"In my view... the real crisis is not the one generating headlines. The real crisis... is a radically transformed mission coupled with inadequate funding to accomplish that mission.”
-- Nina Olsen, taxpayer advocate for the IRS, in a new report on problems with the agency, which she says must be addressed through an increase to the $11.2 billion IRS budget.
When another manager at the IRS invoked his Fifth Amendment right against self-incrimination one might have thought the moment had come when the Obama administration was ready to show some hustle when it came to reforming the agency.
Not so much.
Since the discovery that IRS agents had improperly targeted conservative groups, the problems for the agency have compounded more quickly than interest on an overdue tax bill. Wasteful conferences, massive bonuses, abuse of agency credit cards, millions in bogus refund dollars paid to a single North Carolina address and now the news that a senior manager at the agency helped deliver nearly a half-billion-dollars in contracts to a friend’s business.
The IRS, never a well-regarded agency, is in the midst of a credibility implosion: abuse of power, waste, incompetence and corruption are wreathing the tax collection agency. And this comes just as President Obama is looking to the agency to not only enforce his unpopular 2010 health law but a list of other initiatives.
One might suppose that the time had never been better for starting radical intervention at the agency. When the underlying scandal involves abuse of the president’s political foes there ought to be urgency enough, but when every day brings a new embarrassment, one supposes that Obama and his Treasury secretary would be of a mind to start stomping.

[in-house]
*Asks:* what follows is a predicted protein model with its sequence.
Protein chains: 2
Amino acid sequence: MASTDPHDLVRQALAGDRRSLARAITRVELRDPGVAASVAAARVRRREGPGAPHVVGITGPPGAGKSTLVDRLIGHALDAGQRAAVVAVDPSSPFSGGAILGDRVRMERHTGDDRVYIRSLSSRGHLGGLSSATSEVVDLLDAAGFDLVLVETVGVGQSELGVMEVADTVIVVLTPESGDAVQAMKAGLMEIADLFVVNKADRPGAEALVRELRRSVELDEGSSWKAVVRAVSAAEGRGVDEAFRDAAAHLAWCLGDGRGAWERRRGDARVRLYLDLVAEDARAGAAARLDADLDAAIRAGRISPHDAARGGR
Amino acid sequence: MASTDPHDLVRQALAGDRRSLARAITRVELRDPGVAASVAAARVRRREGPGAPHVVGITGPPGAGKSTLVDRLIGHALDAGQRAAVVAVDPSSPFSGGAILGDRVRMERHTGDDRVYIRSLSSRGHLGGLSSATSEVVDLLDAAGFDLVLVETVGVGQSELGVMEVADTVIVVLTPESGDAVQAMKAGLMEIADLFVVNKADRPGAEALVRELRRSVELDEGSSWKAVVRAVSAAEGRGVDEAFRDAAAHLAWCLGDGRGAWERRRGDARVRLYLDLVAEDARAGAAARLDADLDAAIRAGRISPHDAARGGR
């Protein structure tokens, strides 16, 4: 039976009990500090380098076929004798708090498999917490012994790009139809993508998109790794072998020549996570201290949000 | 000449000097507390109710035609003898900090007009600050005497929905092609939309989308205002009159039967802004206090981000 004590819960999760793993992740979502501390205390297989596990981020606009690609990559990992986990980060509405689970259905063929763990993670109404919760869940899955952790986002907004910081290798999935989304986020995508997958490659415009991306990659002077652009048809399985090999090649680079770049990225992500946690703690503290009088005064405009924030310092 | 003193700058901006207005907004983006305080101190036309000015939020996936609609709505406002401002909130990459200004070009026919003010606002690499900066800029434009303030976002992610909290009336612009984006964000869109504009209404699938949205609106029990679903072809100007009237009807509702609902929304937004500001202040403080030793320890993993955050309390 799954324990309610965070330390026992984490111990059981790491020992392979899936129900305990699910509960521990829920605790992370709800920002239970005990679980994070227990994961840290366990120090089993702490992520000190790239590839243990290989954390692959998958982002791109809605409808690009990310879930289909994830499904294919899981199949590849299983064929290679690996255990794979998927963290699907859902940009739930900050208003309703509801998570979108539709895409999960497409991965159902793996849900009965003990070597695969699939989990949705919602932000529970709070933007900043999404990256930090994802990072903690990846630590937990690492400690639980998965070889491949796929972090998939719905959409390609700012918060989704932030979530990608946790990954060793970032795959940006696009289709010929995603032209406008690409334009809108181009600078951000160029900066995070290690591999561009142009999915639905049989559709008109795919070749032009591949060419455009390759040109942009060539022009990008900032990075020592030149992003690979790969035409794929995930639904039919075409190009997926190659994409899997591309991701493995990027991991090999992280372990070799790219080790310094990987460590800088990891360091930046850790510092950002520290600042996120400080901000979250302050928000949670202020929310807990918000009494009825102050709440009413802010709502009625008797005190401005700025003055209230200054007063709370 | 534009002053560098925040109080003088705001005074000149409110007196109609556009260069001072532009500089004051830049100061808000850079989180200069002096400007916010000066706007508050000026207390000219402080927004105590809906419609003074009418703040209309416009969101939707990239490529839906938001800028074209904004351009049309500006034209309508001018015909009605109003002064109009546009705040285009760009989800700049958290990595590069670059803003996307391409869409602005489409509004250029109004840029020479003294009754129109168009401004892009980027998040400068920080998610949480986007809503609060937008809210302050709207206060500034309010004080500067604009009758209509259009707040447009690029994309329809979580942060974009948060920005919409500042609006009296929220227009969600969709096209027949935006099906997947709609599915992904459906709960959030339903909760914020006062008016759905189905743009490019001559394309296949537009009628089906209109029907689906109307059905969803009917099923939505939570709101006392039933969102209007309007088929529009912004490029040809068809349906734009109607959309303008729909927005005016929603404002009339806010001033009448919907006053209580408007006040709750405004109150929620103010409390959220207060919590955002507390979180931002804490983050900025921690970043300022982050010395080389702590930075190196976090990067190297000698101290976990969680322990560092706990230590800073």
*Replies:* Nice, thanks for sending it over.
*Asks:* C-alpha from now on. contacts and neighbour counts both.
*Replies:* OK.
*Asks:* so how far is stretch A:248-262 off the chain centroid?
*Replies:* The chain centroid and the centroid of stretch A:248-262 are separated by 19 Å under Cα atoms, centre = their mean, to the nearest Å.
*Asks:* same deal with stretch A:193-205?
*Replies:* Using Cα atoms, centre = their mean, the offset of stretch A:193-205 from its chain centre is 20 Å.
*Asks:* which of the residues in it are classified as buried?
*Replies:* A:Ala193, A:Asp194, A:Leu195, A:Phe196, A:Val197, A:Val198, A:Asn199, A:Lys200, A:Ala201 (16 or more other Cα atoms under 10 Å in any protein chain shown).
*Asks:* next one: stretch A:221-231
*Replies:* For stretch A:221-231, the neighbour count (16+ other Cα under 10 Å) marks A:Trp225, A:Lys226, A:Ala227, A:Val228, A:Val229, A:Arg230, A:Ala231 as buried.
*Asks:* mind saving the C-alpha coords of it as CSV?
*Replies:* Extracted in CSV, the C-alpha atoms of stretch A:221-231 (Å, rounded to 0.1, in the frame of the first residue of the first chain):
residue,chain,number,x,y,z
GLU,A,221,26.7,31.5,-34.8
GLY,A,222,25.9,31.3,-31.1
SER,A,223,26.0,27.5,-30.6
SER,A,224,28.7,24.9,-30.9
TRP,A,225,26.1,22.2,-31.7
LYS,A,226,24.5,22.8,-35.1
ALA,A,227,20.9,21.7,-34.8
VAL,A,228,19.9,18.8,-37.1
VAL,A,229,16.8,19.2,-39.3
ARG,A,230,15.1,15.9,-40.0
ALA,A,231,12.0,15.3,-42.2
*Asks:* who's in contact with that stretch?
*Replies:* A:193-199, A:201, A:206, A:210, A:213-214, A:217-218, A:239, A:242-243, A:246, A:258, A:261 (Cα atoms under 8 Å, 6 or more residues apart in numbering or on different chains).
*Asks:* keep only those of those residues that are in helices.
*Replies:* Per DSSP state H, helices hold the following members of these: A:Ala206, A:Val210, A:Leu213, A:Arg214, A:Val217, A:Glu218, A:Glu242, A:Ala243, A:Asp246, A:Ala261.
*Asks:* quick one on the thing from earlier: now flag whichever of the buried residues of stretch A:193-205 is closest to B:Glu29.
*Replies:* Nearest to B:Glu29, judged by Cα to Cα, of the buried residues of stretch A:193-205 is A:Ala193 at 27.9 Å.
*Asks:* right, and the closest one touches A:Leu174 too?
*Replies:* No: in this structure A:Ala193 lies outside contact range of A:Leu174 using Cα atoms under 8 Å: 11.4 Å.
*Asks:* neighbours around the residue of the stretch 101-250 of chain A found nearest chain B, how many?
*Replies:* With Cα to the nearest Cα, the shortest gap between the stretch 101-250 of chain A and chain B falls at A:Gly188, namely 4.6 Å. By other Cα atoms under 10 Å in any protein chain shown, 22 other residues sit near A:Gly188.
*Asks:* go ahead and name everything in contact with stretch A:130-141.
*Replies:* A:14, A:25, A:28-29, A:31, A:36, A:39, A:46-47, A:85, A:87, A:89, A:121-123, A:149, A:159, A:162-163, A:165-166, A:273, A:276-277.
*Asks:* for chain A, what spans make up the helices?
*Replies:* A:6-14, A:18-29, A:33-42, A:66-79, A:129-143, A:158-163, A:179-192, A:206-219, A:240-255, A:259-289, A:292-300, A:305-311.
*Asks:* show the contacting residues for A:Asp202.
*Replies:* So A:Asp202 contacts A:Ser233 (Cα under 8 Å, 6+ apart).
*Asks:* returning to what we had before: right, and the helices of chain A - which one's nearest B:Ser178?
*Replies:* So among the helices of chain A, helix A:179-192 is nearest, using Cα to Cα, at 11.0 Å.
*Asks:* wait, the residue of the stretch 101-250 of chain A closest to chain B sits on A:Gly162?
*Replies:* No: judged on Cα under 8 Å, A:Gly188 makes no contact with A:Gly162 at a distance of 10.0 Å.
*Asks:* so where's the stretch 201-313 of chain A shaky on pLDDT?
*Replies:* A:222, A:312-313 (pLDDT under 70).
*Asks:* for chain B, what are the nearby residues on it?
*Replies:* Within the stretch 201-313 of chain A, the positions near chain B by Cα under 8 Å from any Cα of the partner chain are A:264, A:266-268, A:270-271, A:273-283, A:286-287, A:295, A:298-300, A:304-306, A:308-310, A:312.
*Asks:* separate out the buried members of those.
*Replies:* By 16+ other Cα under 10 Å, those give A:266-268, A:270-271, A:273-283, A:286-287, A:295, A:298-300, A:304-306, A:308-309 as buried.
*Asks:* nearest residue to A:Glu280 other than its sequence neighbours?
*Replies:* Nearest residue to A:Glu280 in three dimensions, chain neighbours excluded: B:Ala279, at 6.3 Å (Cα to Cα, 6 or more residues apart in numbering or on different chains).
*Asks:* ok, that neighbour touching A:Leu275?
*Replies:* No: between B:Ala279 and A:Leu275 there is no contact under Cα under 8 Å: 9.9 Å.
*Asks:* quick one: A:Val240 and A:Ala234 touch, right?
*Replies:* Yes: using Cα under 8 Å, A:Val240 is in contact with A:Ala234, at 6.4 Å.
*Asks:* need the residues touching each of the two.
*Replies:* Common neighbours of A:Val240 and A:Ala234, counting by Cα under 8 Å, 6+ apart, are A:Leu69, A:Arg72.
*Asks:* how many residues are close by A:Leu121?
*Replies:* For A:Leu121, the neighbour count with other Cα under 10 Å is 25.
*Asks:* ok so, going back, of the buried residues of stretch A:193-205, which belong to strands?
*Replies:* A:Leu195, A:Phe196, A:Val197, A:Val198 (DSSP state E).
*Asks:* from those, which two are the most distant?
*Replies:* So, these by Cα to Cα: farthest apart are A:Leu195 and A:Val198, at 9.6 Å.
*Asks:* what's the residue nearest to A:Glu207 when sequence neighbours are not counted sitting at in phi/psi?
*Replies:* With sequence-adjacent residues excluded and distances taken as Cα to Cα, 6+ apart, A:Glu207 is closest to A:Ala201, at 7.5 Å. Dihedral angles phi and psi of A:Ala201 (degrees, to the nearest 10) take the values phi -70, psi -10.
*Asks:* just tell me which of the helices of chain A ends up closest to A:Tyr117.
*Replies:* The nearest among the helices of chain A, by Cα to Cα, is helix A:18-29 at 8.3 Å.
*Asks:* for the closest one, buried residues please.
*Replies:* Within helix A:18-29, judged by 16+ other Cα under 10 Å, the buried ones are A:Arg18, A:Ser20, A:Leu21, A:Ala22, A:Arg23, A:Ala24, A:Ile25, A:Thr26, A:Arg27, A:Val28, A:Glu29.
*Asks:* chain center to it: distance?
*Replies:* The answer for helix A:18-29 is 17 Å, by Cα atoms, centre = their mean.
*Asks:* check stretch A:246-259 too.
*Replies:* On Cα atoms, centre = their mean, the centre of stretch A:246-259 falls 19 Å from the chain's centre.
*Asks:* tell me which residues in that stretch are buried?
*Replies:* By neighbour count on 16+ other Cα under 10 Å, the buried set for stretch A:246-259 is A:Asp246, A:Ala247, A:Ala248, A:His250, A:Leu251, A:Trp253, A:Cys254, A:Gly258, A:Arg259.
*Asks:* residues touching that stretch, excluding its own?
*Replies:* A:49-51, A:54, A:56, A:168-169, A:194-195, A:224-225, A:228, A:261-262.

Instead, Obama seems committed to avoiding delivering any hammer blows. This is, in part, his preferred spin style.
When Obama was asked today about a former employee for an NSA contractor who made off with terabytes of data about Obama’s domestic spy programs and is now on the lam and has paid calls on America’s two most significant foes, the president brushed it off. “Routine,” he said. “Made for TV movie,” he said. “Shouldn’t have to” get involved, he said. “Twenty-nine-year-old hacker,” he said.
Mmhmm. Got it.
So perhaps when Obama tapped a political appointee from his budget office whose last job was the highly politicized task of picking what to cut under sequestration reductions the president was trying to suggest that the IRS wasn’t a crisis but just a moment for recalibration. No drama.
But Danny Werfel, who heads to the Hill today to deliver his initial findings as acting IRS director, has been knee-deep in drama since he took over. And because Obama chose a partisan from inside his administration, one who was a key figure in Obama’s sequestration strategy, he doesn’t have much goodwill to lean on.
And for an agency that’s supposed to be semi-autonomous but is already under fire for extraordinarily close ties between the last permanent director and the administration, Werfel seemed like an even more incongruent choice.
And as the walls come crashing down at the IRS, the remedies being offered, especially a call for an increased budget from the woman who is supposed to be the advocate for taxpayers, suggest obliviousness not coolness.
Obama had the chance to start restoring some confidence in the agency when he tapped a new director, naming perhaps a moderate Republican with some serious clout, but instead chose to play down the pick.
As Werfel scrambles in the backfield today, one wonders if Obama would have done the same thing again given all the woes that have since erupted at the agency.
And Now, A Word From Charles
“They argue that they're going to toss or punt on the Proposition 8 because the government wouldn't defend it. But they have an extensive ruling on DOMA where the federal government wouldn't defend it. That is an obvious contradiction. All it means is they weren't interested in having a fight over Prop 8 and they were interested in having a fight over DOMA.”
-- Charles Krauthammer on “Special Report with Bret Baier.”
Chris Stirewalt is digital politics editor for Fox News, and his POWER PLAY column appears Monday-Friday on FoxNews.com. Catch Chris Live online daily at 11:30amET at http:live.foxnews.com.
Chris Stirewalt joined Fox News Channel (FNC) in July of 2010 and serves as digital politics editor based in Washington, D.C. Additionally, he authors the daily "Fox News First" political news note and hosts "Power Play," a feature video series, on FoxNews.com. Stirewalt makes frequent appearances on the network, including "The Kelly File," "Special Report with Bret Baier," and "Fox News Sunday with Chris Wallace." He also provides expert political analysis for Fox News coverage of state, congressional and presidential elections.